Image Credit: <www.lighttape.co.uk

Image Credit: <www.lighttape.co.uk>

…So with the economy in better shape and the job market improving, many unhappy employees are thinking about and/or actively seeking new opportunities.

This is all well and good. Employees typically stay at their organizations for right around four years. Over time, most people move on no matter where they are.

With that said, I recently read an article from HR Pro Tim Sackett highlighting some of the anecdotes he’s heard over the years as it concerns regrets people have had about leaving a prior employer. In HR, we all know the reasons people leave: More money, more opportunity for growth, more desirable location etc., but rarely do we get the opportunity to learn how our exiting employees feel in hindsight.

You can read Sackett’s article here, but in short the big regrets people have are not trying harder, not celebrating their accomplishments more, not establishing meaningful relationships with co-workers, not communicating the issues precipitating their exit to executives, and finally mistakenly believing the grass would be greener on the other side.

…That’s a powerful list. From the above, there are four questions I think anyone needs to ask themselves before seeking new opportunities:

1. Am I being recognized for my accomplishments?

2. Do the leaders in my organization know what’s wrong?

3. Am I putting forth the effort needed to perform at the level required to deserve the success I want?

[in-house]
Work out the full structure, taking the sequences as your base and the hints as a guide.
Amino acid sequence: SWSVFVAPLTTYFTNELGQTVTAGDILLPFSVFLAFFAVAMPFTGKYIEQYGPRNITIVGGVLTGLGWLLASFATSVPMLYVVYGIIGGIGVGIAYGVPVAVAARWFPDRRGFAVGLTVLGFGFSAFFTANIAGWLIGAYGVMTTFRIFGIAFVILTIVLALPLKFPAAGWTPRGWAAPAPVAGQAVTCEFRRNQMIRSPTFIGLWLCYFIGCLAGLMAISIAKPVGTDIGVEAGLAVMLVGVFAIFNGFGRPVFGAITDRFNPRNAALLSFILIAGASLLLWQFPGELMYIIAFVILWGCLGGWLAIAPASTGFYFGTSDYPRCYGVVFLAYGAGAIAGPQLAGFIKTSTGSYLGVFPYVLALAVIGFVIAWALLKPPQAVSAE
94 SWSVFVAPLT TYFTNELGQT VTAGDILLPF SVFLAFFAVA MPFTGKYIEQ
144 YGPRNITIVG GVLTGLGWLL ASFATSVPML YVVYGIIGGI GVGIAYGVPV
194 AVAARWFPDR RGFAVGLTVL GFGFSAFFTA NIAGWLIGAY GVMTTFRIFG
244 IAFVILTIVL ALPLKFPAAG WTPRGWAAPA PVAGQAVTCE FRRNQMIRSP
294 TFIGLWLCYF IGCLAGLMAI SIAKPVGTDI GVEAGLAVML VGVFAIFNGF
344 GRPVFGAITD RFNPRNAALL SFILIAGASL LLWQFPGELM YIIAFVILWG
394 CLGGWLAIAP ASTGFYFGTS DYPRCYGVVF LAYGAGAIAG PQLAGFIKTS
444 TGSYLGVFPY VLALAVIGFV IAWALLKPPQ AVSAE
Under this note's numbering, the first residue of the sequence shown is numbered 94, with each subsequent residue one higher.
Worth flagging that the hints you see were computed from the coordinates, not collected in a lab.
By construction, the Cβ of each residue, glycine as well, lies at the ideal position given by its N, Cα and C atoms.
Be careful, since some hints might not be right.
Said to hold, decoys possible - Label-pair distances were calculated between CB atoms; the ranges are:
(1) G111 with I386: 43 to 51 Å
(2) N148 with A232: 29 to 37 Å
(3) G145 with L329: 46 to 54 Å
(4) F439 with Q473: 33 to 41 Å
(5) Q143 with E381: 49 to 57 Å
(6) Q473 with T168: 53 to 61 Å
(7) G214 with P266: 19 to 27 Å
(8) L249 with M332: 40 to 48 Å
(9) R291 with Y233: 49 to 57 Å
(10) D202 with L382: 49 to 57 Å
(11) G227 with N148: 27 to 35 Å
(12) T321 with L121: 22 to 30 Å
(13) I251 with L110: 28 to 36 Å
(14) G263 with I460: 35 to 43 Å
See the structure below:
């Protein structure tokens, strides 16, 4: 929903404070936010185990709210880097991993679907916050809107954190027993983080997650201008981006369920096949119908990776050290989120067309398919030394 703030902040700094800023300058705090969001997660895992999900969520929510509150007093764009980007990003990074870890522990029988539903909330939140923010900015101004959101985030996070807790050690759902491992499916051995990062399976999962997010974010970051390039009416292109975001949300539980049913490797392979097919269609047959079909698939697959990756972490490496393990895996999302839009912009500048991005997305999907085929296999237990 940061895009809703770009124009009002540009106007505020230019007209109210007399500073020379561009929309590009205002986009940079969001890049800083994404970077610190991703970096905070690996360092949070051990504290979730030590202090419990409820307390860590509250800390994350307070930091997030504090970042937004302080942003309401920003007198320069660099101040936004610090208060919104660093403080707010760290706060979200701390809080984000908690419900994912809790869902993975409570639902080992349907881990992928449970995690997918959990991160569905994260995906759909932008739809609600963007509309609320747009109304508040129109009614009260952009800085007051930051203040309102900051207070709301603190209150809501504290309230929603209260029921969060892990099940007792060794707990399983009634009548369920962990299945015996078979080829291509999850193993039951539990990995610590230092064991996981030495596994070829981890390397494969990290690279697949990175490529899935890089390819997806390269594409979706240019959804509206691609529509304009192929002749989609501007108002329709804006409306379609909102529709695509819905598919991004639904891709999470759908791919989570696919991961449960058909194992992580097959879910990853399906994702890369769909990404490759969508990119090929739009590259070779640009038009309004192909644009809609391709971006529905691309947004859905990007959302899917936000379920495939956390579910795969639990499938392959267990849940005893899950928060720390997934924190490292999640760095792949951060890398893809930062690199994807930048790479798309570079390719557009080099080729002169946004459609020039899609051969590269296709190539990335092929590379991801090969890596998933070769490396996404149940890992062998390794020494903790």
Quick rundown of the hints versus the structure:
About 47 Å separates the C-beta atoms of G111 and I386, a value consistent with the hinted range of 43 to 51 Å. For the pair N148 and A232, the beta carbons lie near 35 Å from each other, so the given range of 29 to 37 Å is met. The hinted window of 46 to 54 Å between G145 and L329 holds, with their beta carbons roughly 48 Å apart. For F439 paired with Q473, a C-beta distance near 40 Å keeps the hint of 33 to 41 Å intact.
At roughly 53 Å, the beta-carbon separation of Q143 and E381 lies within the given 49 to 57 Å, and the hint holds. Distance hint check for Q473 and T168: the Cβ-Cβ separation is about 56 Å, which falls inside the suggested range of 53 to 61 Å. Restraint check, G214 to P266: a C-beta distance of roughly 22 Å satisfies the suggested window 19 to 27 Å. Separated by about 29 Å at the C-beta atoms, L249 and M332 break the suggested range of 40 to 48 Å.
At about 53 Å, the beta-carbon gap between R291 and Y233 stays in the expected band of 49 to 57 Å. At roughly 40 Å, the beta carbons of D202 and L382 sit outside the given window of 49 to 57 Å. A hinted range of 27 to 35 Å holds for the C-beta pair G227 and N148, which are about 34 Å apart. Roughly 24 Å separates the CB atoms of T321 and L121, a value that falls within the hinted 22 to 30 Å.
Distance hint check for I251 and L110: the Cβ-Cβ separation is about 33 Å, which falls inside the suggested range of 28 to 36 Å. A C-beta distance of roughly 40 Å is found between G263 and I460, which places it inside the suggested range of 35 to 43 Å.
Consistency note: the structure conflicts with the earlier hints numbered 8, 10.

4. Life is about relationships. Do I have meaningful ones internally that enrich my day-to-day?

…This should really be eight questions, because I would add that any unhappy employee should end each of the above with “If no, how can I change this?”

I submit to you that completing this exercise is a good idea as part of a broader commitment to being a high performer and (if you are so inclined) a leader. If you aspire to be either, a prerequisite is an aspiration to fix things.

See, before one can manage an organization or any significant enterprise, one must first accomplish mastery of self. Accomplishing this (in my opinion) means being able to answer “yes” to all four of the questions above. If you can’t do this then I would encourage you to buckle down and do the difficult work required to make one’s situation work at any organization before leaving your current one. If you don’t, you’ll just be trading one set of problems for another.

…But if you can honestly say “yes” to all four of the above questions and still want to leave your organization, I would encourage you to do so with a full heart and optimism for the future.

You’re going to be fine.

As always, please share your thoughts in the comments section below.